Friday, March 14, 2008

Start your Gardening Starts





I recently attended a gardening class on 'starts.' That is, starting plants from seed in your own home. If this is a hobby that interests you, the costs are minimal but the rewards are great. For under $20 you can start enough plants to fill a 10 X 20 foot garden plot. Thus, for under $20 you will have more than enough vegetables to feast on all summer long.


Not all seeds need to be started in planters, some seeds like carrots, squash, pumpkin and corn can be started in the ground. Depending on where you live, the best time to plant starts or seeds is after the last frost. If you leave in Utah, that is around May 15th. Since some seeds can be started in the ground, you will want to wait to plant those till the last frost. If you want fresh tomatoes, bell peppers and herbs, to delight your summer recipes, you can start those seeds now in your home.


You will Need:


--Seeds (Tomatoes, Peppers, Herbs, Annual Flowers, Perennial Flowers, or what ever else strikes your fancy.)

--Pony Pack Draining Planter (small planters that have 4 to a group)

--Holder for your pony packs to catch run off water

--Good Potting Soil (Miracle Grow is always a good pick)

--Water

--Warm place in your home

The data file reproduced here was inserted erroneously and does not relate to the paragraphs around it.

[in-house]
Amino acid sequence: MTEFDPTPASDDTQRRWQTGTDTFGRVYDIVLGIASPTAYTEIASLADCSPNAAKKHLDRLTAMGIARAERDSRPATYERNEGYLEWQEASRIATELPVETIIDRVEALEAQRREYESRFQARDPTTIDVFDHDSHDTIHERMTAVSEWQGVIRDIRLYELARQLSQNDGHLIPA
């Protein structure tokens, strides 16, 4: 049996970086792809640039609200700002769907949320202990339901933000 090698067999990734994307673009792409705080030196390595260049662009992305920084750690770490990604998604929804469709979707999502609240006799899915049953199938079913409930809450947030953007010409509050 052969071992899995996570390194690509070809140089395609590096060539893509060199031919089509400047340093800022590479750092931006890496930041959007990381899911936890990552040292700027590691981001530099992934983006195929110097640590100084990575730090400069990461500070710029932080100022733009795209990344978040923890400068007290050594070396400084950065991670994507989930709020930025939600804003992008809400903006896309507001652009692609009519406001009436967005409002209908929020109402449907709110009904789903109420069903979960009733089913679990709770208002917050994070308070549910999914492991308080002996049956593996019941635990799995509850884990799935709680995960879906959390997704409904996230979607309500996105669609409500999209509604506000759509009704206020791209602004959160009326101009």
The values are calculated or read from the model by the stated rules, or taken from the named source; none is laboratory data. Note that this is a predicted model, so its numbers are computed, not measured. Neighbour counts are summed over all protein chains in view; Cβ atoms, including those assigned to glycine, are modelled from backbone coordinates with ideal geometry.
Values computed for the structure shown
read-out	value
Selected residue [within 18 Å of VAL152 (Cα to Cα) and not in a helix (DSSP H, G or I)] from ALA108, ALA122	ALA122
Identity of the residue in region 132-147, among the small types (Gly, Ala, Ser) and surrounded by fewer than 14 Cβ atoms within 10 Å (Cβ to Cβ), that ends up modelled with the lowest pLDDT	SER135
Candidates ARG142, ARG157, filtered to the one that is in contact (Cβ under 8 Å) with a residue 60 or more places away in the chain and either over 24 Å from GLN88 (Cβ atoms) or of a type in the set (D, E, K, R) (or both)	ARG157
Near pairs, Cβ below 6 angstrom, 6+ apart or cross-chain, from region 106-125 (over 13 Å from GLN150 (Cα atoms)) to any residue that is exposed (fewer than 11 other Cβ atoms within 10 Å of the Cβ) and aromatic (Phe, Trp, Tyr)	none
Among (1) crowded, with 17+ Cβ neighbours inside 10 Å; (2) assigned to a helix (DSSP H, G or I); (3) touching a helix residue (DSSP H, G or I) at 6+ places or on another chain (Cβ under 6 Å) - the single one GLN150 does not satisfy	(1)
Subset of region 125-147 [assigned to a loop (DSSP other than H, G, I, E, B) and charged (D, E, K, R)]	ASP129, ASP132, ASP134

--Good light source


Getting started is simple, you just need to pack your dirt firmly into your pony pack and give it a good watering. After the excess water drains off, read the back of each of your seed packs. The seed packs will tell you how far to plant your seeds and how long each seed takes to germinate (this is the time from when you plant it till it pops through the dirt and needs direct light). If you are planting Big Boy Tomatoes, you will most likely have to plant each seed 1/4 inch deep and the seeds will germinate from 10 to 14 days. Be sure to write down what you planted, the day you planted it and how long it takes to germinate. This will help you keep track of when you should expect to see plants popping through the soil. After you see the starts pop through the soil, you want to place the planters under a direct light source for 13-18 hours a day. You can use a window, but it is best to put the plants 1 1/2 inches to 2 inches under a florescent light. As the plants grow taller, keep your light always that distance from the plant. You will be adjusting the lamp or light height regularly. Keep the dirt moist and your plants will be perfectly happy. Come May, you will have a variety of perfect plants to transplant in your outdoor garden for a fraction of the price of buying plants.

4 SPLURTS:

Robyn said...

Where did you take this class? I would love something like this! We have two (2!) 25x16 gardens. Well, we will have one, we are turning one into a "playground" for the kids. Thanks for the tips--I may have to call you for more!

Just so said...

I need to do some starts. I think I'm going to try the egg carton method that was in the primary hand out though. I should do some tomatoes though and I don't think I can do those in the egg carton. Hmmmmmm....

I'm Natalie. said...

Erin, Your photography has come leaps and bounds. I am SO PROUD of you!

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